As the Cybersecurity and Infrastructure Security Agency (CISA) finishes up the rulemaking process for the Cyber Incident Reporting for Critical Infrastructure Act (CIRCIA), CISA Director Jen Easterly said today that trusted partnerships are vital to sharing threat information in the meantime.

Easterly said that CISA is currently finishing up work on the Notice of Proposed Rulemaking for its cyber incident reporting rule, which she said “should be out later this year or early next year.”

CIRCIA – which was signed into law in March 2022 – requires CISA to develop and implement regulations requiring covered entities to report cyber incidents and ransomware payments to the government.

“Until we have that in place, we need to make sure that we are all communicating around threats, realizing that a threat to one is a threat to many,” Easterly said at the Billington Cybersecurity Summit today in Washington, D.C. “So, that is the continued thing that I would ask is partner with us and also give us feedback.”

Easterly explained that when she thinks of her two and a half years at CISA so far, “there’s really one word that comes to mind,” which is partnership.

“We are at our core a voluntary partnership agency whose success is entirely predicated on our ability to create trusted partnerships,” the CISA director said.

Easterly noted that CISA is working towards a model of “persistent operational collaboration,” which she said has three core goals. These include the idea of a default to share, recognizing that a threat to one is a threat to all; a co-equal partnership between industry and government with reciprocal expectations; and a frictionless experience and exchange of information between organizations.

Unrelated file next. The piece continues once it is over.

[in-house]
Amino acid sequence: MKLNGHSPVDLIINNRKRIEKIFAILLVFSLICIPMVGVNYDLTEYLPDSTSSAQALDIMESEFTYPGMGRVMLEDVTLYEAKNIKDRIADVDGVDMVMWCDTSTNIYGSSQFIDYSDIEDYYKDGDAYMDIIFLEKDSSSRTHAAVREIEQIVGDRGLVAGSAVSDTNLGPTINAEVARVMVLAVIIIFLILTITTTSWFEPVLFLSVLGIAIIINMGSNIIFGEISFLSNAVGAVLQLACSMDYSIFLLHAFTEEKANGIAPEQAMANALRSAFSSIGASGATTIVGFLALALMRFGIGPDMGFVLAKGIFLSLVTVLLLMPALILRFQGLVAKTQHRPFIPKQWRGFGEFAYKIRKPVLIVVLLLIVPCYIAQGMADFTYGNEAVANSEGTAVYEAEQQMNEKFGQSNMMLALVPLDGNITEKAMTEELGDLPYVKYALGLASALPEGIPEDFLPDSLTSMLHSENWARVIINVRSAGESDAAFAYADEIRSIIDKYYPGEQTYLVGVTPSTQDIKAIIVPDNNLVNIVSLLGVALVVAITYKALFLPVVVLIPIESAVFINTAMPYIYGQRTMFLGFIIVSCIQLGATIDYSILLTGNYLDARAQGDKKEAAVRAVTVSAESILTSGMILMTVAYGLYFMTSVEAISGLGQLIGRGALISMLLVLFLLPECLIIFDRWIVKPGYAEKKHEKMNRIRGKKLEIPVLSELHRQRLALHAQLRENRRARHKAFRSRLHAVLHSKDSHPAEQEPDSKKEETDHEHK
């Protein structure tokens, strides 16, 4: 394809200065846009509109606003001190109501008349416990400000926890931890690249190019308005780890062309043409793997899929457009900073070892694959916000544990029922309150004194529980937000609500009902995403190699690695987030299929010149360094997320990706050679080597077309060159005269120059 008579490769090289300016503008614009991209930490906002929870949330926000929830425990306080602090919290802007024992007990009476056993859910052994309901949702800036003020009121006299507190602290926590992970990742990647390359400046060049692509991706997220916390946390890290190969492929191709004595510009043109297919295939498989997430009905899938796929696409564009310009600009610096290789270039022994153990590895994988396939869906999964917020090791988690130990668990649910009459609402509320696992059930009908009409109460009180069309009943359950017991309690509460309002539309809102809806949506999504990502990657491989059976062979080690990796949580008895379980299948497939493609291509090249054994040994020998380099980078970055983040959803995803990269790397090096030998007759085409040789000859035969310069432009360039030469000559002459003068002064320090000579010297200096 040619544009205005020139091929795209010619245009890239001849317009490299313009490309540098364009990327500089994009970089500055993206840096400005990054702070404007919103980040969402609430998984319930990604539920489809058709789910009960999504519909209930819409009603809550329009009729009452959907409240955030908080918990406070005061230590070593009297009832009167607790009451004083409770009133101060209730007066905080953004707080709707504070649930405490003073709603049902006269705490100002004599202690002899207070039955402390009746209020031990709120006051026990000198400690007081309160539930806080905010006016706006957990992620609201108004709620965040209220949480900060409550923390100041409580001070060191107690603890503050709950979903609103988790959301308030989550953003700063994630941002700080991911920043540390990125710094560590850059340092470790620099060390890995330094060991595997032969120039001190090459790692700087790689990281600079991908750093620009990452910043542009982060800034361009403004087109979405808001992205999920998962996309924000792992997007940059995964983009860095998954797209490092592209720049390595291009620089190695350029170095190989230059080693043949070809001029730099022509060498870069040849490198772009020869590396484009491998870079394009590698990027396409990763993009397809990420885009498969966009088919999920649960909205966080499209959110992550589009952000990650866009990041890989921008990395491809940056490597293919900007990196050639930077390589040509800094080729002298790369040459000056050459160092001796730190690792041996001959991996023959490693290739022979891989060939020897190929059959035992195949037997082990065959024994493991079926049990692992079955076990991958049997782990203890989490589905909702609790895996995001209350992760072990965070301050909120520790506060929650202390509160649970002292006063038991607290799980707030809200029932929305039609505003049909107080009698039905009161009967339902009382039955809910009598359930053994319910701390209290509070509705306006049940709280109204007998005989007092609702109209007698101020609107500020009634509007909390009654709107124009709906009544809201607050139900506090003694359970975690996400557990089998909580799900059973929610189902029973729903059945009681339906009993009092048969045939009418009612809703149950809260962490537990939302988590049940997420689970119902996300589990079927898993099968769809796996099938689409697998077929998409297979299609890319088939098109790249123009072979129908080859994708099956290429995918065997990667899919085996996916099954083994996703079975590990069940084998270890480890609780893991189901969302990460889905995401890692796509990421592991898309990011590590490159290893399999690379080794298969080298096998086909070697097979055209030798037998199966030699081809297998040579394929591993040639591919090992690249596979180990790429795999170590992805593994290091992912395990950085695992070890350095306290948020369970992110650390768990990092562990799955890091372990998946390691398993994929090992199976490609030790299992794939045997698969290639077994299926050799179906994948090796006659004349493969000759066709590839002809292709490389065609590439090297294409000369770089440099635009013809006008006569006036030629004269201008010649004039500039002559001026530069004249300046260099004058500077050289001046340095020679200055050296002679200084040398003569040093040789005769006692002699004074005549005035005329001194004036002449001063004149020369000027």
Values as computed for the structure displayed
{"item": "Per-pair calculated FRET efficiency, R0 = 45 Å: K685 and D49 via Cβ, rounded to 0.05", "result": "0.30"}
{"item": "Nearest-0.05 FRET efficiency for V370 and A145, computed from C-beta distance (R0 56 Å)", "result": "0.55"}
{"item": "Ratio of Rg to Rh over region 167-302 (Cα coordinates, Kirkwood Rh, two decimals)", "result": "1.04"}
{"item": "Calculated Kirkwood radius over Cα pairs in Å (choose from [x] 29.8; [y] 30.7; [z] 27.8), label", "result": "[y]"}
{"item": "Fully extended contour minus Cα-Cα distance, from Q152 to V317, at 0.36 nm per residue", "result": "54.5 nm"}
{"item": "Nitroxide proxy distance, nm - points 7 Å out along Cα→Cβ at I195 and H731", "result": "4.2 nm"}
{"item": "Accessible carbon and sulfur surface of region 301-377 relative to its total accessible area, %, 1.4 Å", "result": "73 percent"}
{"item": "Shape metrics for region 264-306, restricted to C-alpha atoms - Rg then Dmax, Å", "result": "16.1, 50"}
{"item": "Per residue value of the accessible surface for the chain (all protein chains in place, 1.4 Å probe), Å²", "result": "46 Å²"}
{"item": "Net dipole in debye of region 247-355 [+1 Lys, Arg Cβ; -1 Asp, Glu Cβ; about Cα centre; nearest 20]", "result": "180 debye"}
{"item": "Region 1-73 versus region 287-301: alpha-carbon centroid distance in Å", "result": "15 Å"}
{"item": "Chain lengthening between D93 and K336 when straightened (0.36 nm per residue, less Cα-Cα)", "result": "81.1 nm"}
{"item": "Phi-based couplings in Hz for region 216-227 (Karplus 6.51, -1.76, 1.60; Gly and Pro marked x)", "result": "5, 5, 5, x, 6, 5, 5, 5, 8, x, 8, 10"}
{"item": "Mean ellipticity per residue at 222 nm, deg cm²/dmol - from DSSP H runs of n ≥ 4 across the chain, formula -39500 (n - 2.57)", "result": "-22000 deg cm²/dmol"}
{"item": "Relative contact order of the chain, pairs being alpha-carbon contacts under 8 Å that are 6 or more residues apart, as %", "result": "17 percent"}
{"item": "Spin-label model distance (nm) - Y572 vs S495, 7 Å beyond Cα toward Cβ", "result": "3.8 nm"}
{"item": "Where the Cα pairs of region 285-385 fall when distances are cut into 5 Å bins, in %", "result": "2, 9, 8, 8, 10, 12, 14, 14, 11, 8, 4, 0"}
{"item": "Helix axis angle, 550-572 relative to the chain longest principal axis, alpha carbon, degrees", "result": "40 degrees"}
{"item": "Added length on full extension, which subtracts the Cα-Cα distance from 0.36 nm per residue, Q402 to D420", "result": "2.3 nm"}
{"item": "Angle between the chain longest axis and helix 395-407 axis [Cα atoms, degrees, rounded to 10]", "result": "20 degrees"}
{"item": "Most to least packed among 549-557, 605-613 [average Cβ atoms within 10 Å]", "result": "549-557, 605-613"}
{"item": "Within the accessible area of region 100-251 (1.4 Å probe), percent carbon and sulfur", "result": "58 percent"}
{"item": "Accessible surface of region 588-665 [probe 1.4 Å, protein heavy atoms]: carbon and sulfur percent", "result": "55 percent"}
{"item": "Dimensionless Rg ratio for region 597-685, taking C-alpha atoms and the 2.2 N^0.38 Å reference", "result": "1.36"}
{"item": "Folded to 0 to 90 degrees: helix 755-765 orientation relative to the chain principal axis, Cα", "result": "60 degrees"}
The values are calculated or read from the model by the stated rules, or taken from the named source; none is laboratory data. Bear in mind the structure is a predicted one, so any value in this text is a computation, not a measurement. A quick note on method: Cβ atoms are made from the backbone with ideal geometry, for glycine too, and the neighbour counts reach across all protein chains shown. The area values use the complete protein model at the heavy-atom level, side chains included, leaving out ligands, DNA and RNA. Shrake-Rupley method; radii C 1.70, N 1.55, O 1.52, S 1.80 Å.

As part of this transformation, the CISA director pointed to the Joint Cyber Defense Collaborative (JCDC), which has grown from a select few companies to hundreds now.

“We approach these partnerships with a sense of humility, a sense of transparency, always trying to add value, and quite frankly, on a human level, an assumption of noble intent, because we know these partnerships don’t work unless we can trust each other,” she said.

CISA is also looking to extend a hand to the general public as well, Easterly said, by launching its first Public Service Awareness (PSA) campaign later this month.

“We hope to really get the nation energized about how we can keep ourselves safe and the simple steps that we can take, so stay tuned for that,” she teased.

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Grace Dille
Grace Dille
Grace Dille is MeriTalk's Assistant Managing Editor covering the intersection of government and technology.